Organization of Puerto Rican Artists (O.P. Art)
258 West Fifteenth Street, #4RE
New York, NY 10011
Tel. (212) 989-3633
Luis Carle, Director
Hours open to the public
By appointment only
History of the Institution
The Organization of Puerto Rican Artists (O.P. Art) was founded in 1993 by a group of New York–based Puerto Rican artists who felt the need for an organization dedicated to exposing the largely under-recognized talent and contributions of Puerto Rican artists. The group decided to unite its individual creative talents to function as a grassroots artist collective promoting emerging and established Puerto Rican artists internationally.
Today this nonproffit organization has grown to fifty active members and collaborates with over one hundred artists other artists in the realization of exhibitions. O.P. Art's principal objective has been to promote their collective work through group exhibits of visual art that capture the complexity of the Puerto Rican experience. Since its inception O.P. Art has organized four major exhibits of Puerto Rican art of all media at Peter Madero Gallery, and the Clemente Soto Velez Cultural and Educational Center in New York, and at the Ateneo Puertorriqueño and the Museo de las Américas in San Juan, Puerto Rico.
Since July 2004, O.P. Art has been curating monthly exhibitions at the restaurant La Taza de Oro restaurant in Chelsea.
Scope and Content
The records at O.P. Art pertain mostly to the collective's exhibitions and activities promoting contemporary Puerto Rican art. They include exhibition and press files, grant files, photographs of the collective's work, and catalogues of their exhibitions. The archive also holds the personal papers and photographic work of O.P. Art's director Luis Carle.
Overall holdings of archives and research material:
18.5 linear feet
Overall holdings of archives and research material related to Latino art:
18.5 linear feet
Inclusive dates of files: 1980–present
Bulk dates: 1993–present
Languages in which records are written:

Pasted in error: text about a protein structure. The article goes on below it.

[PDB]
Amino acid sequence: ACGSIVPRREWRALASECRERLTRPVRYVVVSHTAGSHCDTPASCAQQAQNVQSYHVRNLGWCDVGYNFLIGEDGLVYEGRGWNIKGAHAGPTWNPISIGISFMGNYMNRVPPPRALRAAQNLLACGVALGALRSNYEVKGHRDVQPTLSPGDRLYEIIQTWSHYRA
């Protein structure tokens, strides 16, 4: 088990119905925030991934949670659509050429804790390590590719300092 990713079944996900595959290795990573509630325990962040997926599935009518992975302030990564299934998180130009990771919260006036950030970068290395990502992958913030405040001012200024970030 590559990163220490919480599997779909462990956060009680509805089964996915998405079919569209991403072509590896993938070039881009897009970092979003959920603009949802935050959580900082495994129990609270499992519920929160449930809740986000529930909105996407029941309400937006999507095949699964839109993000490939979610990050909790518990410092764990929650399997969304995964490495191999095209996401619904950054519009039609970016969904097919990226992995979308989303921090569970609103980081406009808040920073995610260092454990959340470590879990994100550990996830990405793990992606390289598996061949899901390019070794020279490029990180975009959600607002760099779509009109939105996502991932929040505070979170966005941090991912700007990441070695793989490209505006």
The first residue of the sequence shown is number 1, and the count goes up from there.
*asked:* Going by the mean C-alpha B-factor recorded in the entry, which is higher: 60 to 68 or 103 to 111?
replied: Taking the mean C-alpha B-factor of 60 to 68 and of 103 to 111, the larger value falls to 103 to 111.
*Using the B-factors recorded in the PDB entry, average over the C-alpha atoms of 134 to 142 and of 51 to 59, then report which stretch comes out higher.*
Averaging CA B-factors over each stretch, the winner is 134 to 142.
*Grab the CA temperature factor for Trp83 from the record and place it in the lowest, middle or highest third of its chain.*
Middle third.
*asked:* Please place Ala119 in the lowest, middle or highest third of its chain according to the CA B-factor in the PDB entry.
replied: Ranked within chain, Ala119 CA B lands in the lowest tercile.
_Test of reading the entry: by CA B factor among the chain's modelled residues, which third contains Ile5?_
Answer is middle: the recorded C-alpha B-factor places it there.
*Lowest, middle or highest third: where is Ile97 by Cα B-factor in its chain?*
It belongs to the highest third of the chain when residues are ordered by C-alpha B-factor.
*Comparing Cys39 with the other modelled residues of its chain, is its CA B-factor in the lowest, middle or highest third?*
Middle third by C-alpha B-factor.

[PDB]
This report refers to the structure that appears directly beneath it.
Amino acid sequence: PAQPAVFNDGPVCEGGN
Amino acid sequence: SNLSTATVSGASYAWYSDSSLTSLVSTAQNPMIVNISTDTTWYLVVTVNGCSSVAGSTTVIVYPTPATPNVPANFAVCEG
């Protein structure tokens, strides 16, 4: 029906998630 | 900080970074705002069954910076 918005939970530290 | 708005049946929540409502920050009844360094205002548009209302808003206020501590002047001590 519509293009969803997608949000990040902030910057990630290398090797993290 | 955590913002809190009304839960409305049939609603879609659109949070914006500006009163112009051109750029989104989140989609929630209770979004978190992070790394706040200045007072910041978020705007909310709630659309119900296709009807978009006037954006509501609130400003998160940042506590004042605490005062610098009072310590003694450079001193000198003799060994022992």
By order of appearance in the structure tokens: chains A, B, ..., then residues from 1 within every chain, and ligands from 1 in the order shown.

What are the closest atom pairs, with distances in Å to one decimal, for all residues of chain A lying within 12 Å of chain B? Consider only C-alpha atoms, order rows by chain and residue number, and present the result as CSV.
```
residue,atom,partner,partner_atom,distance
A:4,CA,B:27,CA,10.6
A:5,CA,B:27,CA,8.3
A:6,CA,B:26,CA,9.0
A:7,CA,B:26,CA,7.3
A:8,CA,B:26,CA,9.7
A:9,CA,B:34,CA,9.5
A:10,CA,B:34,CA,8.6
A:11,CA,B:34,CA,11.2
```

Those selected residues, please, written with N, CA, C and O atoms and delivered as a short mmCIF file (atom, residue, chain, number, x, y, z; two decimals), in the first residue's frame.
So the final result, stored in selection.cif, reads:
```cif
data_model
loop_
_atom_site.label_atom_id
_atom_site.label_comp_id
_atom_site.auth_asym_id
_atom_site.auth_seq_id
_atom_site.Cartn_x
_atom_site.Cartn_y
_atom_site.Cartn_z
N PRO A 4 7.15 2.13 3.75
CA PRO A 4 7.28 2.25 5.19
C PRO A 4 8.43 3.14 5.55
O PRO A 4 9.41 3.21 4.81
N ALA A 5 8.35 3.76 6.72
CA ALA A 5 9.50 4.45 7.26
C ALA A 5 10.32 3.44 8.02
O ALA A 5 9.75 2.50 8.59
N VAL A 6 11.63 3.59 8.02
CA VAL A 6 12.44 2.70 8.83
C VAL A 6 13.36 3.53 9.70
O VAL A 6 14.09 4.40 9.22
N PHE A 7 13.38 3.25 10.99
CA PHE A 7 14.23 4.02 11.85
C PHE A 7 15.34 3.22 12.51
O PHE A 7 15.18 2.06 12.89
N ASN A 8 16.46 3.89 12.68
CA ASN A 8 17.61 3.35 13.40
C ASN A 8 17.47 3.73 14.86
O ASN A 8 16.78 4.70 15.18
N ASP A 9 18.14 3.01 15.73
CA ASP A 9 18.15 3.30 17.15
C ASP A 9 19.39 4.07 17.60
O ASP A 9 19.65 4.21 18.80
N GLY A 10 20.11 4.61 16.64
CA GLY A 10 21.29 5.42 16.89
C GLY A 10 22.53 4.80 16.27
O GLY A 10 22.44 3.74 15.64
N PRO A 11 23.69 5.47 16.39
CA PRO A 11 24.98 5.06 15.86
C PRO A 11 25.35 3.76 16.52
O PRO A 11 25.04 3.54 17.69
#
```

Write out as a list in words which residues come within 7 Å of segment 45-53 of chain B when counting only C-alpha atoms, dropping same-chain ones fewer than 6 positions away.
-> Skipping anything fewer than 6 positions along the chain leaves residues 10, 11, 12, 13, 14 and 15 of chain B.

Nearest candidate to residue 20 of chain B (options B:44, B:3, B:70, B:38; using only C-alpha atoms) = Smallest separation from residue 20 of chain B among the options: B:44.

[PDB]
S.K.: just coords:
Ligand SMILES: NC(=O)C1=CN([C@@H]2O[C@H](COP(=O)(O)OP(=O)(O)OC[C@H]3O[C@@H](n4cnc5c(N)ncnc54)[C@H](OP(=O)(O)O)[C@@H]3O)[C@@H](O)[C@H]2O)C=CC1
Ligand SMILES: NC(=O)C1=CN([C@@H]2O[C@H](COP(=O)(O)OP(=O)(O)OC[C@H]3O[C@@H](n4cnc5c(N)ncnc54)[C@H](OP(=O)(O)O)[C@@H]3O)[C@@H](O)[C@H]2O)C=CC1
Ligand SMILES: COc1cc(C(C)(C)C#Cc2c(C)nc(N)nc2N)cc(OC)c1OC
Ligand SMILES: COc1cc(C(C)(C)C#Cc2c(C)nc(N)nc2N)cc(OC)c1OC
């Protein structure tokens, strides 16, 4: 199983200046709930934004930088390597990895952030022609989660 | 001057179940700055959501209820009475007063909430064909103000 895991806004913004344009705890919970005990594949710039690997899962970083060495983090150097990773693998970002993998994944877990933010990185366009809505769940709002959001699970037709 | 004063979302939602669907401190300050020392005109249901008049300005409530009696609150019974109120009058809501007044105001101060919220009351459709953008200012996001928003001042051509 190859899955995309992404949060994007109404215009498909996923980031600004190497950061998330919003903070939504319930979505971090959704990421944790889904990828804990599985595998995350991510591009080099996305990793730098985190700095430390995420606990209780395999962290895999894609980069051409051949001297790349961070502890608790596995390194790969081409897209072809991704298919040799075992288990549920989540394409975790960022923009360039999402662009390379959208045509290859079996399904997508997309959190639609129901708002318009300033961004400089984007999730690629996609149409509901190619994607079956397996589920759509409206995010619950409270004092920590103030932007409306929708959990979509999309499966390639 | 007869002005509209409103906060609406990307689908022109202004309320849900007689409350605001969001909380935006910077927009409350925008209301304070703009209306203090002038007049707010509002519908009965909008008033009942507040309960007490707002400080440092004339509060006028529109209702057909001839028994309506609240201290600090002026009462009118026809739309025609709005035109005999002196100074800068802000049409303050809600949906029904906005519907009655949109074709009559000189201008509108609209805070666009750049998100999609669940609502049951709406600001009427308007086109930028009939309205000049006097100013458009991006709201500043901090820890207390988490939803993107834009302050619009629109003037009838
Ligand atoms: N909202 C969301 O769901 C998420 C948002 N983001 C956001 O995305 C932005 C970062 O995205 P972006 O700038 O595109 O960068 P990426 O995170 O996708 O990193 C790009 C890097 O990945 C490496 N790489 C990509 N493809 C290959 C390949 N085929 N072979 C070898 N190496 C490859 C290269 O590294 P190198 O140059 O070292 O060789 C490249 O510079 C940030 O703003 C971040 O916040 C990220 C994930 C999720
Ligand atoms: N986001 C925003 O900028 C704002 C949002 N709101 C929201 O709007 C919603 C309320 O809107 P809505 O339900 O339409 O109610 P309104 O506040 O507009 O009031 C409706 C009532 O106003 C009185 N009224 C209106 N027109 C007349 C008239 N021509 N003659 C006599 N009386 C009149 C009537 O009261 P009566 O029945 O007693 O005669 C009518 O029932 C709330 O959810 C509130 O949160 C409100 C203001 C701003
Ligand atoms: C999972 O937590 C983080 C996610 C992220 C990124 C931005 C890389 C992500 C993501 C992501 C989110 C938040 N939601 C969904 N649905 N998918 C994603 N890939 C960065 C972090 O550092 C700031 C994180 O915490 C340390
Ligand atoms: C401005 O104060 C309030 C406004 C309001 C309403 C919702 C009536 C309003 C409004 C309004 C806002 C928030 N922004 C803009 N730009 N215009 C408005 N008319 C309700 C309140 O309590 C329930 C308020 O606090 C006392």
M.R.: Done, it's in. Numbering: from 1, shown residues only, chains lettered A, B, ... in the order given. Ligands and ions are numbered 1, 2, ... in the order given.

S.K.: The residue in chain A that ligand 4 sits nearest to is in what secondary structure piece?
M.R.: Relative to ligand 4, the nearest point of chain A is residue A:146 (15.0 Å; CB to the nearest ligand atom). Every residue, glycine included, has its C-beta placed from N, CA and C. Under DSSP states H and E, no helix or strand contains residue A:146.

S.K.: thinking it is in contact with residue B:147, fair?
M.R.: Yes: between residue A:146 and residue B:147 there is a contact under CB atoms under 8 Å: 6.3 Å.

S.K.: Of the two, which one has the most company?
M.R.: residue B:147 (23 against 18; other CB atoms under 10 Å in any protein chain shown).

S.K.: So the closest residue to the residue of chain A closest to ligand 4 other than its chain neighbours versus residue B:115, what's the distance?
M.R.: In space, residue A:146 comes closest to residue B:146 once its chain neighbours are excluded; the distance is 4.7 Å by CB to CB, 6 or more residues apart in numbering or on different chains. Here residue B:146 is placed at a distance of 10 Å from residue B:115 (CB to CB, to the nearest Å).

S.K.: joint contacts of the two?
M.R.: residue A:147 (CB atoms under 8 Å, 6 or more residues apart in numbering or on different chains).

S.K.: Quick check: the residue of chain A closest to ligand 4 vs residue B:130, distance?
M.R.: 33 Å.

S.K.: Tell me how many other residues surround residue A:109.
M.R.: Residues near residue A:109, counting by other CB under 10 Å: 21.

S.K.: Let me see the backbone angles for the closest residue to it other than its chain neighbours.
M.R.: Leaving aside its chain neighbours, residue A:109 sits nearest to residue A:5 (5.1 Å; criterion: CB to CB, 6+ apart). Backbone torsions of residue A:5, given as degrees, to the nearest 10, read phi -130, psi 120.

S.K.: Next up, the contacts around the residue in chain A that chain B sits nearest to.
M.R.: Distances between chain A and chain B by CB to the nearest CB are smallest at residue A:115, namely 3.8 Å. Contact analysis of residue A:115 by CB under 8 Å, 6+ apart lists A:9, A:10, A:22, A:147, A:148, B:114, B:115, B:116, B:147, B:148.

English (50%), Spanish (50%)
Holdings: Primary Sources
Personal papers of artists, critics or art historians associated with Latino art:
Ten linear feet
The personal papers of Luis Carle, founder and director of O.P. Art, are also housed at the same place as the organization's records. Carle's personal papers include some twenty diaries and agendas that go back to the late 1980s. These contain information on his trips, exhibitions, and art-related meetings. Carle's papers also contain documentation and clipped reviews of exhibitions held throughout his career.
Archives of institution's history and operation related to Latino art:
5.5 linear feet
These comprise most of the archival holdings of O.P. Art. Some examples of records that can be found include the minutes of monthly meetings organized by O.P. Art between 1993 and 1995, correspondence with institutions such as the Bronx Council on the Arts, the Association of Hispanic Arts, and the Smithsonian Institution; grant and fundraising files; and exhibition files of the shows they have organized. Among the latter, there are some electronic files for the exhibitions organized since 2004 by O.P. Art at La Taza de Oro. All of the exhibition files contain clippings of their reviews.
Recorded interviews and performances:
VHS and DVD Formats
O.P. Art has several recorded interviews related to their exhibitions. These include Nuevas Caras del Arte Puertorriqueño, produced by Erik Jackson, New York (1994); Expresion—Es exhibit interview by Carmen Dominicci, Puerto Rico (July 1995); In Art We Trust exhibition and interviews for Hispanic Information & Telecommunications Network, Inc., New York (2003); and news program for the Hispanic Gay community, Fruta Extraña TV, Public Access, New York (2003).